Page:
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View Full Version : Overcast shots


mtrails
11-09-2004, 01:46 AM
Hello everyone, I seem to have too many options on my camera for specific lighting, distance, motion etc! Though I know basic camera tuning for light and content realative to distance, I still find myself cussing when a shot turns out poor when I thought I had my ducks in a row. Take a look at the picture (link). It was an overcast day, and had the camera set at ISO 100, F4.8, speed @ 1000, and no zoom. Some of you might remember from another post, that I have a Gateway DC-T50 digital camera. I am still new to the camera and don't completely understand apeture priority and shutter speed priority, so I generally use the camera on manual mode where I can use it like a standard 35mm. When I saw the overexposed photo, my first thought was that the ISO should have been set at 200. Am I on the right track here, or can someone suggest a better camera configuration for this lighting? It really lacks color.

http://www.geocities.com/mmetalhhead/emd_9047.jpg

rpalmer
11-09-2004, 04:26 AM
I don't think the photo is as bad as you think it is. I doubt that it would be accepted here, but the exposure isn't that bad. In this image, it looks like the light meter set the exposure based on the dark water and dark bridge, washing out the sky. On really dark days, I try to do overhead shots with little or no sky in the photo.
Do you preview a shot beore the train comes ? In a situation like this, I would have shot at least 8 or 10 different images before the train showed up - changing the camera settings on each one and looking at the result until I found a combination that looked good. You might also want to play around with the white balance. If you have a setting for cloudy conditions, it will make the photo look much different.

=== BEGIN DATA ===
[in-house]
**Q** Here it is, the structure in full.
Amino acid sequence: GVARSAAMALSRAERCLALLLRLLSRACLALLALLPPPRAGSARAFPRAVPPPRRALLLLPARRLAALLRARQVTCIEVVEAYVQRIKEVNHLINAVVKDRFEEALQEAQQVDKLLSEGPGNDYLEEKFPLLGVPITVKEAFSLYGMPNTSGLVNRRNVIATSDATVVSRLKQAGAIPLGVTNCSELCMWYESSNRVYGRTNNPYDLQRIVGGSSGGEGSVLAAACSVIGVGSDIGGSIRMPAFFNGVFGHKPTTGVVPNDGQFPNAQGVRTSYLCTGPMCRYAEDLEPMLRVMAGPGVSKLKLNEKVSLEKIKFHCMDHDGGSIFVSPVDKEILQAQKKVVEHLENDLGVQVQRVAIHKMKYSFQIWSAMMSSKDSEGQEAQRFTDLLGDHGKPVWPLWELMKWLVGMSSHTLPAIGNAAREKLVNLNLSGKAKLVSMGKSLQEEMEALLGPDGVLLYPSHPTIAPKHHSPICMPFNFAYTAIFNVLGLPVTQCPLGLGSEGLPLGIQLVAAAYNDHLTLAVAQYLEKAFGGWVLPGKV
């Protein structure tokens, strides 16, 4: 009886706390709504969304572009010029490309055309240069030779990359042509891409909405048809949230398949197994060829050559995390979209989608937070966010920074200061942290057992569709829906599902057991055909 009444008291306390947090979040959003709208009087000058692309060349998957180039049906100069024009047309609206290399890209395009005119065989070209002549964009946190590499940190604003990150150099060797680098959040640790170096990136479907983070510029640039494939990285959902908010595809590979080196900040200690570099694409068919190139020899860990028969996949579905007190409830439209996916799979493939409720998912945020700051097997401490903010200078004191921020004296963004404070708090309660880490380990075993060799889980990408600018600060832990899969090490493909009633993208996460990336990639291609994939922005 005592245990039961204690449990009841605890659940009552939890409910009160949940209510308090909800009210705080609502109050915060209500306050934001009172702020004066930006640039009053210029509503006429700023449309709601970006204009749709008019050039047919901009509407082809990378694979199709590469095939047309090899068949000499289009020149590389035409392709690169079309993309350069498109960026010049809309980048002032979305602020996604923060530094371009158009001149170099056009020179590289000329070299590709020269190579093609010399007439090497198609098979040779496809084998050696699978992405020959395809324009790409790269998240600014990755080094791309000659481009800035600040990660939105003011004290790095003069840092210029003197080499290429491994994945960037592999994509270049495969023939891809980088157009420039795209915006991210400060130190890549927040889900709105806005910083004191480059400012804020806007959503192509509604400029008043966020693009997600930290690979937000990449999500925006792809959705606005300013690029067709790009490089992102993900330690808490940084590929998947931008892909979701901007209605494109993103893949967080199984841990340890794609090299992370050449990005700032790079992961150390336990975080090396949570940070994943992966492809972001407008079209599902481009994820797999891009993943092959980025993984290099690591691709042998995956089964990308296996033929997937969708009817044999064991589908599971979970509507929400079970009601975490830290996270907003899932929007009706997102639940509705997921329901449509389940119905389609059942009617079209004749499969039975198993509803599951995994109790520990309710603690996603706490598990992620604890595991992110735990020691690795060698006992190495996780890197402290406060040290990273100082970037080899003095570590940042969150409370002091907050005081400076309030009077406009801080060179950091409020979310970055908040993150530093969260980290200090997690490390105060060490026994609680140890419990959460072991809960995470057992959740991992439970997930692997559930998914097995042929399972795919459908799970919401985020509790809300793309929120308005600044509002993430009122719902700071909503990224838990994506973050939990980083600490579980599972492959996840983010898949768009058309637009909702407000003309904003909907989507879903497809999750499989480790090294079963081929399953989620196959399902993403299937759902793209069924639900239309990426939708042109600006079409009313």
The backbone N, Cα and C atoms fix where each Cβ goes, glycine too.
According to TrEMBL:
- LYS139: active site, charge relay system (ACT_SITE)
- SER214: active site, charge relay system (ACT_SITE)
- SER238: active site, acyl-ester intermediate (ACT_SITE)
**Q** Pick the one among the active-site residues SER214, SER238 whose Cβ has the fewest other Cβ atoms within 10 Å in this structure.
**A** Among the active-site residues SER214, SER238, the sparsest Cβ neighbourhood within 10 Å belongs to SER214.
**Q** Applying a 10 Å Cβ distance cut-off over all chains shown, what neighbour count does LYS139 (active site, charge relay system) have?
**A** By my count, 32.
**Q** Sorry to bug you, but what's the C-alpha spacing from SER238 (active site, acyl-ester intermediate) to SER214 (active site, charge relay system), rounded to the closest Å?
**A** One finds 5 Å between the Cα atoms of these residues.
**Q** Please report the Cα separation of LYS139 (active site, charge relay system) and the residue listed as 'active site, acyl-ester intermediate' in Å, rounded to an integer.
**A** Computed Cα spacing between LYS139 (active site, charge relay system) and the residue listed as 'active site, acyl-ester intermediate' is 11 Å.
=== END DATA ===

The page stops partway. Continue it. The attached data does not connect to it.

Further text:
mtrails
11-09-2004, 02:49 PM
You know, I actualy do take about 4 or 5 shots before the train comes, using different settings. I find that sometimes when a preview picture looks good, it changes when the train is in view, due to the loco colors/reflection of color, or the amount of light that is increased/decreased by the train being in view.

I forgot that even though it's a digital camera, that ISO settings are available, and that is one area I hadn't tested with. I also do have white balance settings, and one specifically for cloudy conditions. Thanks for reminding me!

E.M. Bell
11-09-2004, 04:50 PM
thats one of the great things about digital, frame it up like you want it, pop a few test shots, check out the all knowing historygram, and make changes as needed before the subject arrives!! Some cameras also have a bracket setting, that will let you fire off three shots, and the exposuer will be slighty different for each, tripling your chances.